Johns Hopkins University was once again a proud sponsor of the INCOSE (International Council of Systems Engineers) International Symposium this year. Held in Las Vegas, the conference provided an excellent venue for meetings, technical papers, networking, and sharing the latest advances in the field.
Johns Hopkins hosted many visitors to our exhibit explaining the program and opportunities to advance their skills in systems engineering.
The systems engineer has many responsibilities in the development of a complex system. While there are many subjective and qualitative decisions to make, analytical skills and knowledge are essential to understand the technical work of the team and to comprehend the fundamental physics and math principles that underlie the design and system performance.
We are problems solvers. We are creative and innovative. We like quick gratification. We want to develop products and make things. Sound familiar? From a young age and through much of our educational experiences, we learn that rewards and satisfaction come to those first in line with an answer, even if it might be the wrong one!
The Systems Engineering program at Johns Hopkins Engineering for Professionals is focused on graduate education for the working professional. Admissions criteria requires work experience in order to understand the systems concepts and to put into practice the skills learned right away.
Staś Tarchalski has taught in the Systems Engineering and Technical Management programs at Johns Hopkins Engineering for Professionals for more than five years.
He currently teaches Introduction to Systems Engineering, Test and Evaluation, and Introduction to Project Management. He is also leading the development of the capstone course, Executive Technical Leadership.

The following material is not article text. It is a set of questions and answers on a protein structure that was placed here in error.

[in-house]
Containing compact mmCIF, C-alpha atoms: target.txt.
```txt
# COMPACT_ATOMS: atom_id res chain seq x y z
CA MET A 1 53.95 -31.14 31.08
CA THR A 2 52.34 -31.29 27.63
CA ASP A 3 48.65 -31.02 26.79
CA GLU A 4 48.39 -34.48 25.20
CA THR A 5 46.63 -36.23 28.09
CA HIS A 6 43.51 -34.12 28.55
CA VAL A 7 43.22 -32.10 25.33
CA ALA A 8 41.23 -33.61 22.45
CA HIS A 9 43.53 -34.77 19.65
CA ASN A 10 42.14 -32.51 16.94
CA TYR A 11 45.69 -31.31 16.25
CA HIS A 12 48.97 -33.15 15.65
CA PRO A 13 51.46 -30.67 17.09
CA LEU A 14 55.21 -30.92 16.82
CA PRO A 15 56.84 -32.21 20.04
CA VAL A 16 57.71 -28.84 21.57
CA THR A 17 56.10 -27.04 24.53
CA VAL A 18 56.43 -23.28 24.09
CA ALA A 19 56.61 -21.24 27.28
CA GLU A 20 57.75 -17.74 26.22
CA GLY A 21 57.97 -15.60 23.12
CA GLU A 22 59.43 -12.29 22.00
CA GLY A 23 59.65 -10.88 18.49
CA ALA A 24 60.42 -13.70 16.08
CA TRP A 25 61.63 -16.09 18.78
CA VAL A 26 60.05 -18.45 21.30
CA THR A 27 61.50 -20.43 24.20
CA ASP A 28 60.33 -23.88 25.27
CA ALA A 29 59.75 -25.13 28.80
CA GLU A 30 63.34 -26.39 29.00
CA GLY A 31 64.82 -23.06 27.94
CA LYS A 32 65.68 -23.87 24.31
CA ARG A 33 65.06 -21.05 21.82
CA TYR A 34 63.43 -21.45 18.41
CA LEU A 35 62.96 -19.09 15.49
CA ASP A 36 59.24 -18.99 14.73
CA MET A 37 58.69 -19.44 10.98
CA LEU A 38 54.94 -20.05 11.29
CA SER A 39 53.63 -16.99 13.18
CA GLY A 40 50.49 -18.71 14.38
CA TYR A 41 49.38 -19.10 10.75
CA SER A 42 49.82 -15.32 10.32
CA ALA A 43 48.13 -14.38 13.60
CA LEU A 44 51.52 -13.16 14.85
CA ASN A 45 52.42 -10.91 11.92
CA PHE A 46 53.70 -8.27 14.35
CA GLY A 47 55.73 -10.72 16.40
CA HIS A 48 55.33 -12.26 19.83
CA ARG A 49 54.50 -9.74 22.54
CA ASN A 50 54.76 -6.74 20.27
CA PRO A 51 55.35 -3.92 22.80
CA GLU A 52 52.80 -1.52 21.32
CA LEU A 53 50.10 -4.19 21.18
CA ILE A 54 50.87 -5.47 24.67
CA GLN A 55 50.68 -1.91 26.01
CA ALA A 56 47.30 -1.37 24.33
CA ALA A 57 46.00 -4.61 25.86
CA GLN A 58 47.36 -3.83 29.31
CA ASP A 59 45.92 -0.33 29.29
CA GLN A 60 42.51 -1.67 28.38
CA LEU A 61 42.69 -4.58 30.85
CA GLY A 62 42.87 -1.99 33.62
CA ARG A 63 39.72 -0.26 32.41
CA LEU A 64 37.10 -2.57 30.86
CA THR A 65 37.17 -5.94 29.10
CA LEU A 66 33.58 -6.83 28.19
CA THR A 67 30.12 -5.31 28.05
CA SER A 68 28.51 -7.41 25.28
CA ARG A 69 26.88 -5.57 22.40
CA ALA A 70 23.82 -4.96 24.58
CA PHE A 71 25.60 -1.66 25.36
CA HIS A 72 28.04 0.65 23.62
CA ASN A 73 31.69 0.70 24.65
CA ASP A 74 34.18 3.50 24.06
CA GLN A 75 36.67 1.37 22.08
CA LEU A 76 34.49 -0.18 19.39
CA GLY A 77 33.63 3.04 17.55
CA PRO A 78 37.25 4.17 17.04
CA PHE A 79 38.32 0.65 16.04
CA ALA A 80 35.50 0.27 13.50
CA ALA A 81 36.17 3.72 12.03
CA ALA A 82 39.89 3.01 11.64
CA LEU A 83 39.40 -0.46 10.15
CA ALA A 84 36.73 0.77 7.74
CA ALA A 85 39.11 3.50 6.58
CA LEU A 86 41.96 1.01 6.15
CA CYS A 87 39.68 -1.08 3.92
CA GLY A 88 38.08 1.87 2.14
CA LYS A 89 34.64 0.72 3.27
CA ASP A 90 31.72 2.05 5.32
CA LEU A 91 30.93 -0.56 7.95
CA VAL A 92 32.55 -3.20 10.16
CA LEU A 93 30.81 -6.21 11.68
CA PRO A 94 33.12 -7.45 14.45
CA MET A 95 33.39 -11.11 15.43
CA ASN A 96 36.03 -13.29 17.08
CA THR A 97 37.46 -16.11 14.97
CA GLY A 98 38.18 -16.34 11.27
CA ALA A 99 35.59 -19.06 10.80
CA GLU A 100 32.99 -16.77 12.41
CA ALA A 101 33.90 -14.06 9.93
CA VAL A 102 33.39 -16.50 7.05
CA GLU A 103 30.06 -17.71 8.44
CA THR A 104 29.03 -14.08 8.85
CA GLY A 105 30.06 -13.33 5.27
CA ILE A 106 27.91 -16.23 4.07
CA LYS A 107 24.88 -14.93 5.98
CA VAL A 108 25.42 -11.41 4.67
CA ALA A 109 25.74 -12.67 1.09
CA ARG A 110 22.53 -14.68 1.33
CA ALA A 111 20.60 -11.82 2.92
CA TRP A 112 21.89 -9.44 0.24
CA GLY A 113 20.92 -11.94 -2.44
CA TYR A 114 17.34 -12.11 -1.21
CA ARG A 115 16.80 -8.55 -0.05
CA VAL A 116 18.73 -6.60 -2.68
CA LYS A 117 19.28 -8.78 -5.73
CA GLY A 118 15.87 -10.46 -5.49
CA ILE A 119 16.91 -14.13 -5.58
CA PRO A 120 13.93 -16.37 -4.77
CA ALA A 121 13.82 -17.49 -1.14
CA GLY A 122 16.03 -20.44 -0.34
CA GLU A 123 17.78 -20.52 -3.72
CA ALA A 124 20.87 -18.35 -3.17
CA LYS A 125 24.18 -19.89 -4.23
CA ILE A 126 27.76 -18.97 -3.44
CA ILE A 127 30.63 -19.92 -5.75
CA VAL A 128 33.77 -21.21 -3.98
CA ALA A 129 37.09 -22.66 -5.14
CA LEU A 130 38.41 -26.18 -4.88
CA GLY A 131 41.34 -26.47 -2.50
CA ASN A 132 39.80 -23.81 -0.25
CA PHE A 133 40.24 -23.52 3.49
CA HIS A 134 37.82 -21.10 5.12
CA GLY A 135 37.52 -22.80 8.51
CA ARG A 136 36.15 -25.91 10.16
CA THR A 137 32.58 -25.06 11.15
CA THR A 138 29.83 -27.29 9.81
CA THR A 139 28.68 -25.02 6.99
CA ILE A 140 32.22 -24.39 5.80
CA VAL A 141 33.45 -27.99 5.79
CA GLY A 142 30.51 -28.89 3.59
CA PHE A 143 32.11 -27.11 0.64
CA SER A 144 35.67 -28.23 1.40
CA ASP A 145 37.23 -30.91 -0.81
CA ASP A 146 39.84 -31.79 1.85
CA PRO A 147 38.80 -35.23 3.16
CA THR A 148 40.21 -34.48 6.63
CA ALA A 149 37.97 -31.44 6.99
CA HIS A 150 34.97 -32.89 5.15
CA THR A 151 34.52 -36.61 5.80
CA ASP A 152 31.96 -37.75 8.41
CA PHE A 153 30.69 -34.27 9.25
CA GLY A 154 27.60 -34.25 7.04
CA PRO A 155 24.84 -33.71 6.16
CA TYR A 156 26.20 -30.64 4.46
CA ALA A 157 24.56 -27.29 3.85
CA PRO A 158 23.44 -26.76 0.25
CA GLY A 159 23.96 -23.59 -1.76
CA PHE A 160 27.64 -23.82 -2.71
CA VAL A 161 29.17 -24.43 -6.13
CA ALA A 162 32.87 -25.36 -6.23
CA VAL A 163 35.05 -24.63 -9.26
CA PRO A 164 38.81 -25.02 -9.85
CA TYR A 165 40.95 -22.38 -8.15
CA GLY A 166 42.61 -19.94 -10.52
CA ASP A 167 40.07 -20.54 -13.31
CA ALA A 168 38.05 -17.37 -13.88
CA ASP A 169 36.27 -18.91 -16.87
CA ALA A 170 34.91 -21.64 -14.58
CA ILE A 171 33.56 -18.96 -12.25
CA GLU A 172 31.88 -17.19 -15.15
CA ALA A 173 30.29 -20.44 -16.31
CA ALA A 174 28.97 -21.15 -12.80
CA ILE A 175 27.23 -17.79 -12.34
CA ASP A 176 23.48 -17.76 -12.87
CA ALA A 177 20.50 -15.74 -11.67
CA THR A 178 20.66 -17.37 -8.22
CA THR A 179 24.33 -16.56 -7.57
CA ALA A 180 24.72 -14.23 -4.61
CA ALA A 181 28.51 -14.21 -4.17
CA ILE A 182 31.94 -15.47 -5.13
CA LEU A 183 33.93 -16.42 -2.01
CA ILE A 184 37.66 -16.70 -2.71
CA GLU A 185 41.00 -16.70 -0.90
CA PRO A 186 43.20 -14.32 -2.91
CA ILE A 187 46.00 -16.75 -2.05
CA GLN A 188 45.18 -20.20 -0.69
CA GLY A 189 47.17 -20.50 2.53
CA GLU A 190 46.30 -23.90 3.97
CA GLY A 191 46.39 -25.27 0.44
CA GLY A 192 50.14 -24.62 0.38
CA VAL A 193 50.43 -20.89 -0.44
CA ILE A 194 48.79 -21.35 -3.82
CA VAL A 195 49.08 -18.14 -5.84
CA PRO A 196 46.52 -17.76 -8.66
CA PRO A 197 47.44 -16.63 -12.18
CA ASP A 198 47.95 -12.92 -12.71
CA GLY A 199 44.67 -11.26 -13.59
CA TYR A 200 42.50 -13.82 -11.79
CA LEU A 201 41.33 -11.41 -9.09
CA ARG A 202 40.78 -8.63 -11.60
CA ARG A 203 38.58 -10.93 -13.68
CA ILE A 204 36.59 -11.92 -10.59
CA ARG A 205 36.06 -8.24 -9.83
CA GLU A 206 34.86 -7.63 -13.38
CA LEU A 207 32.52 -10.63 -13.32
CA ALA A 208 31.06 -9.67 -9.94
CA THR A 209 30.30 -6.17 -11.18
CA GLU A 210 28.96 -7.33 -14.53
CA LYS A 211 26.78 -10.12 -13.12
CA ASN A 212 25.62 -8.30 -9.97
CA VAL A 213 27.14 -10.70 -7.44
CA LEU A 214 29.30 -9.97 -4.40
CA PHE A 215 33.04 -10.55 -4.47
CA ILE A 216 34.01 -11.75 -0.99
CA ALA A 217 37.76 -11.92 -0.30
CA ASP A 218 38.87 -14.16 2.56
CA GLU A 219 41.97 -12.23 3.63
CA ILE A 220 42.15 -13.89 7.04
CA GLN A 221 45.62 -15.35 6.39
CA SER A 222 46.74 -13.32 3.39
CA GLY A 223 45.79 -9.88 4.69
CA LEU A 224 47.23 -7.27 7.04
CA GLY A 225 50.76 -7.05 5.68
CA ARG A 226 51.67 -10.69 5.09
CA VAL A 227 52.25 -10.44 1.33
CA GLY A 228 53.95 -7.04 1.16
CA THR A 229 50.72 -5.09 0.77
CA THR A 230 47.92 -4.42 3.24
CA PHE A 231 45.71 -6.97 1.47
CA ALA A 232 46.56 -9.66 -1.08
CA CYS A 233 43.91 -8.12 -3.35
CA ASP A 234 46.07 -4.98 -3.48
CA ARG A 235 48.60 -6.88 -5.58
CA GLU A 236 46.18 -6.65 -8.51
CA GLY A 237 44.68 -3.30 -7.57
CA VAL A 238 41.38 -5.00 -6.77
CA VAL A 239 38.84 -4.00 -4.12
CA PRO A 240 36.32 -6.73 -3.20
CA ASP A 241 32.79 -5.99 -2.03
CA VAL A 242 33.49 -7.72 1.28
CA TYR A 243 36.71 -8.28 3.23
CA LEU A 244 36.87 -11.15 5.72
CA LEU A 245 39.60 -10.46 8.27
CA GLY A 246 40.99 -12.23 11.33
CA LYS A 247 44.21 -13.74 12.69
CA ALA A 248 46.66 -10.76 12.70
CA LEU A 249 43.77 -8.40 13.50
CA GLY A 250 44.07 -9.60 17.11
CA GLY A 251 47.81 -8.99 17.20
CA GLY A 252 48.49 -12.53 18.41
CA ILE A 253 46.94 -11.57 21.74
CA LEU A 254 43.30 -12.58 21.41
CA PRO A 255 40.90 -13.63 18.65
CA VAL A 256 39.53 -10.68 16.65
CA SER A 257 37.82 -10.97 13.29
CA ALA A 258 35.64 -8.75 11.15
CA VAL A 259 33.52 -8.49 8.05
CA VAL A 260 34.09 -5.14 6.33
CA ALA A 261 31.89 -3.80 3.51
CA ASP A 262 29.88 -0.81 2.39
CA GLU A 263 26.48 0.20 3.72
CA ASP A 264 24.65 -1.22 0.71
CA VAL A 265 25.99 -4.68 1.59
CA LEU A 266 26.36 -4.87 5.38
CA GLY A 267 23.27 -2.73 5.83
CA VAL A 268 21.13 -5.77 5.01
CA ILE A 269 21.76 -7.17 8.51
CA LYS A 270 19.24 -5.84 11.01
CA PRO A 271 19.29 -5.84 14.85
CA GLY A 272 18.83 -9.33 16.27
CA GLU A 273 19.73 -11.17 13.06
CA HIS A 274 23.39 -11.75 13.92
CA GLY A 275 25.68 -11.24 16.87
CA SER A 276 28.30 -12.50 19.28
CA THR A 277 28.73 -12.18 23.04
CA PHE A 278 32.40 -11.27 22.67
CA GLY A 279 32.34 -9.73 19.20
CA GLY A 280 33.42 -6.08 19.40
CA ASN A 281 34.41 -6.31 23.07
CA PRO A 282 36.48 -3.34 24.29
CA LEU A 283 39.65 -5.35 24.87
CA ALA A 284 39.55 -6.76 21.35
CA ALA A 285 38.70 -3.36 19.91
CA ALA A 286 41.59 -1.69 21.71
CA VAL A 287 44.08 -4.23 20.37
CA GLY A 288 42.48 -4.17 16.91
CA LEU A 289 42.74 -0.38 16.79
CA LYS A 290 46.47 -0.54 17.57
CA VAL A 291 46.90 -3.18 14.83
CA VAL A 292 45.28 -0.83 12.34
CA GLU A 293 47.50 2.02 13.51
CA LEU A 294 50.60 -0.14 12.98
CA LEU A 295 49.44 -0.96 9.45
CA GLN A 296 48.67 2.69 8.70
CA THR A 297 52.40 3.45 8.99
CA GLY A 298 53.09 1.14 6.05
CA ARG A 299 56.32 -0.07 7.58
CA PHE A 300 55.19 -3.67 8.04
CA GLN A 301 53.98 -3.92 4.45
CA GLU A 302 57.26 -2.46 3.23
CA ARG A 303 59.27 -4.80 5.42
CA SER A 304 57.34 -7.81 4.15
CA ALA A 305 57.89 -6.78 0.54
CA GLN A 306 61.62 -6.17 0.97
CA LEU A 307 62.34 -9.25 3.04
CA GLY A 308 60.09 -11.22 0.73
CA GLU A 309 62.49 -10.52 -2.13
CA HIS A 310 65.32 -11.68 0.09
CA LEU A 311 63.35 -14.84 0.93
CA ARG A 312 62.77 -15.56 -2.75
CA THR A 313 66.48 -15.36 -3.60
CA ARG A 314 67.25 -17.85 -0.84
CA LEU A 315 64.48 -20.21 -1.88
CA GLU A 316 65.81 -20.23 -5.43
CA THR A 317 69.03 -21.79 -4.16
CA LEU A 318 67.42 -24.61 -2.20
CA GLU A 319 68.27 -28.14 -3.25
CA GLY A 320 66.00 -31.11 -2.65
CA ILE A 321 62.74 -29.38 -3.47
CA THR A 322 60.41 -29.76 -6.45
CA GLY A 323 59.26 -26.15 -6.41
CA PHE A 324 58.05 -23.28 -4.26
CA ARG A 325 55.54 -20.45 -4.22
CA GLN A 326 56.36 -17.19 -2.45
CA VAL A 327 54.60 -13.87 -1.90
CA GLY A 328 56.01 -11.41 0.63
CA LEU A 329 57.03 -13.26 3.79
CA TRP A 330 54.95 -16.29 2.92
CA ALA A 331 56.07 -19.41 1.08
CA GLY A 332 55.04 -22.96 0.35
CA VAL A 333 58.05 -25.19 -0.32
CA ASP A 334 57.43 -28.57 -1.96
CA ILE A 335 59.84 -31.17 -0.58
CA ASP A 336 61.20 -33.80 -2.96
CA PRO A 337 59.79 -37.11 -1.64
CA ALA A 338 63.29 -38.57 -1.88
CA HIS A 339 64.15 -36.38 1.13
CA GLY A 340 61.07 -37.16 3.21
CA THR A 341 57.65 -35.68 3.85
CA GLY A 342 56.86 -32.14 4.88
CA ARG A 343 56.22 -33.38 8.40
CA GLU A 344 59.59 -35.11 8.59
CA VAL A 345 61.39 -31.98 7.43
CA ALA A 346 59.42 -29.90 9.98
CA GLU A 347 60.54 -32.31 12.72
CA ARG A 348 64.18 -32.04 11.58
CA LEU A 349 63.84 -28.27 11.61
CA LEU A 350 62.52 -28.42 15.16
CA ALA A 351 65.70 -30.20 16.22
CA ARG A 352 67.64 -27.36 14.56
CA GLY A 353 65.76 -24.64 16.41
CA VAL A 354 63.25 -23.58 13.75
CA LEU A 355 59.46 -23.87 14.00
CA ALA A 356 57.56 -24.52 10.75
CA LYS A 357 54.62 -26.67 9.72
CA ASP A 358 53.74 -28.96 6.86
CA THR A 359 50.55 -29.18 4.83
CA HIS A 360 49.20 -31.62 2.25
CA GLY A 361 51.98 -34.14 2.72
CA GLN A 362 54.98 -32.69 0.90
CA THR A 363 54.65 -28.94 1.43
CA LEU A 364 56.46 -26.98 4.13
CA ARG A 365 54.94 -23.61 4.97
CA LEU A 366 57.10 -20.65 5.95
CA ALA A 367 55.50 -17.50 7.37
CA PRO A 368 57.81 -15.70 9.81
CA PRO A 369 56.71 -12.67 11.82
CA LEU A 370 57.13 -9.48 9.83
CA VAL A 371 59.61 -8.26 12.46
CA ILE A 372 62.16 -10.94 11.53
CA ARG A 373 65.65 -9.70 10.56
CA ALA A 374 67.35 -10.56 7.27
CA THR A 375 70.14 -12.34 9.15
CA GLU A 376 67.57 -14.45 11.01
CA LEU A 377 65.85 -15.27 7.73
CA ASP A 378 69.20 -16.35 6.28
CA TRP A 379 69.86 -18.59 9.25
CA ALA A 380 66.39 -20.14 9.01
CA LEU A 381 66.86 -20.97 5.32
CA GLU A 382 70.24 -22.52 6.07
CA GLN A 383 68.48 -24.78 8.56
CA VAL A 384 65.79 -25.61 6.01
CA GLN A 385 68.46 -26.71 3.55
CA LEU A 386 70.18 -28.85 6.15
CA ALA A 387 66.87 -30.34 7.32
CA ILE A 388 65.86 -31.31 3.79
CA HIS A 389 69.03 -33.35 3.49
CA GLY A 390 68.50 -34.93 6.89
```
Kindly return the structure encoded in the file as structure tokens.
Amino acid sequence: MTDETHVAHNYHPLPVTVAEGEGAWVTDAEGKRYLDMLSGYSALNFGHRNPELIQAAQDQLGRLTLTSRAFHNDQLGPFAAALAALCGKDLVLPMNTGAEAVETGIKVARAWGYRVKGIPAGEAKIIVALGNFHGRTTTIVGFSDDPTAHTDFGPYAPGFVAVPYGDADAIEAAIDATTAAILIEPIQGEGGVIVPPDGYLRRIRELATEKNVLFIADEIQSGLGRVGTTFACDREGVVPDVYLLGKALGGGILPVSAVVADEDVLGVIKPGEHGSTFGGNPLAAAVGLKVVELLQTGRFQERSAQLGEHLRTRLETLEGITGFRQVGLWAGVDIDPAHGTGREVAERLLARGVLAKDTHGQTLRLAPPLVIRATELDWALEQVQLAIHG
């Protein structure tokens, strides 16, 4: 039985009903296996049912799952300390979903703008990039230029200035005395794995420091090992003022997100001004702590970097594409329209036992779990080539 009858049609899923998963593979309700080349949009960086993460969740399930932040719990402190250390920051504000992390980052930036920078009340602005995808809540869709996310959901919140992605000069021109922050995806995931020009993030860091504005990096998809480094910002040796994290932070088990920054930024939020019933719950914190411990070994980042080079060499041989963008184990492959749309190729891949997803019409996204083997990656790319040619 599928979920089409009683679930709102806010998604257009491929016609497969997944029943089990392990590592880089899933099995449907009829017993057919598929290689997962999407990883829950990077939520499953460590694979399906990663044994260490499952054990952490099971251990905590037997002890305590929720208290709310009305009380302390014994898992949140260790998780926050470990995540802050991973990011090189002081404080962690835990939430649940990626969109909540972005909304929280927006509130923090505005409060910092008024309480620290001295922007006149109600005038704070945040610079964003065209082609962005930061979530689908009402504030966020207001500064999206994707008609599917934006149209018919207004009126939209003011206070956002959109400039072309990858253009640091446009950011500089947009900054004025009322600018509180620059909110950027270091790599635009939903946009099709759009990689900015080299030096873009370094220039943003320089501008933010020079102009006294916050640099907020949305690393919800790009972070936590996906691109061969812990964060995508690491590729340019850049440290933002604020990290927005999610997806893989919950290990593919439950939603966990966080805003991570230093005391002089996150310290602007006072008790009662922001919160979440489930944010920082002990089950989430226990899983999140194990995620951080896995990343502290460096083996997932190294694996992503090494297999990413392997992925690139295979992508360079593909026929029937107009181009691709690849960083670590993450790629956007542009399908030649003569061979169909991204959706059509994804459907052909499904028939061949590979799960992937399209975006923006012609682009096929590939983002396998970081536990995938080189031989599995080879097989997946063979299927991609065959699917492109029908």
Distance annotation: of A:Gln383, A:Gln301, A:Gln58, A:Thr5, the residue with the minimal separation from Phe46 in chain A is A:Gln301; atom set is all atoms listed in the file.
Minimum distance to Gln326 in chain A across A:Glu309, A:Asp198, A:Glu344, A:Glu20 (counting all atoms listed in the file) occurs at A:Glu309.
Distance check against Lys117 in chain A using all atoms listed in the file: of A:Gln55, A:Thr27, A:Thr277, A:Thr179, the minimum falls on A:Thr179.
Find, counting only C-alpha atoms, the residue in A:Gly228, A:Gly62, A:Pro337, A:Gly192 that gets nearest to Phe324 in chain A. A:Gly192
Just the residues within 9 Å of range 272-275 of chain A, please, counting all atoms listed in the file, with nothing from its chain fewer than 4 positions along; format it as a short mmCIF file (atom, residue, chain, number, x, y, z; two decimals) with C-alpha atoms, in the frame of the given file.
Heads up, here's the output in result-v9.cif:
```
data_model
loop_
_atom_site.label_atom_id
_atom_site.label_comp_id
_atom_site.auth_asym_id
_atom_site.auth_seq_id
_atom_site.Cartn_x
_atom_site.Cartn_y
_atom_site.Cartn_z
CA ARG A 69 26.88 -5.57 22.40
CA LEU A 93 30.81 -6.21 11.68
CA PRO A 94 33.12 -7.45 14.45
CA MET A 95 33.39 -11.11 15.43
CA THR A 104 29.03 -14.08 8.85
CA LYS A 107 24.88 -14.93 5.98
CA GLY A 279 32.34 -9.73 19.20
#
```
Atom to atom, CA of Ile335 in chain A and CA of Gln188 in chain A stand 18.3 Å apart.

Systems engineering principles are necessary for the test and evaluation your system elements and, ultimately, the verification and validation of the total system. Test requirements, selection of critical test parameters, analysis of test results, and determination of remedial action in the event of discrepancies are all systems engineering functions.
The operations and support phase of the system's life cycle is the time during which the products of the system development and production phases perform the operational functions for which they were designed. The tasks of systems engineering are completed when the user needs are fully met. In practice, the operation of modern complex systems is never without incident.
Recently, the National Academy of Engineering conducted a study with prominent engineers and scientists and identified the world's greatest engineering challenges.
They serve as inspirations and guideposts for areas where future complex systems will need to be developed.
Practicing systems engineers must be able to learn and adapt in an environment of dynamic and constantly changing challenges. Being a lifelong learner is a critical skill for a systems engineer in a world in which technical knowledge is doubling at a rate that is difficult to measure.
In the development of complex systems, systems engineers focus on identifying, minimizing, optimizing, and managing the interfaces between the subsystems. This concept, introduced more than fifty years ago by Alexander Kossiakoff, provides the opportunity to divide the functions and hence, the components of a system, in a manner that allows effective interactions.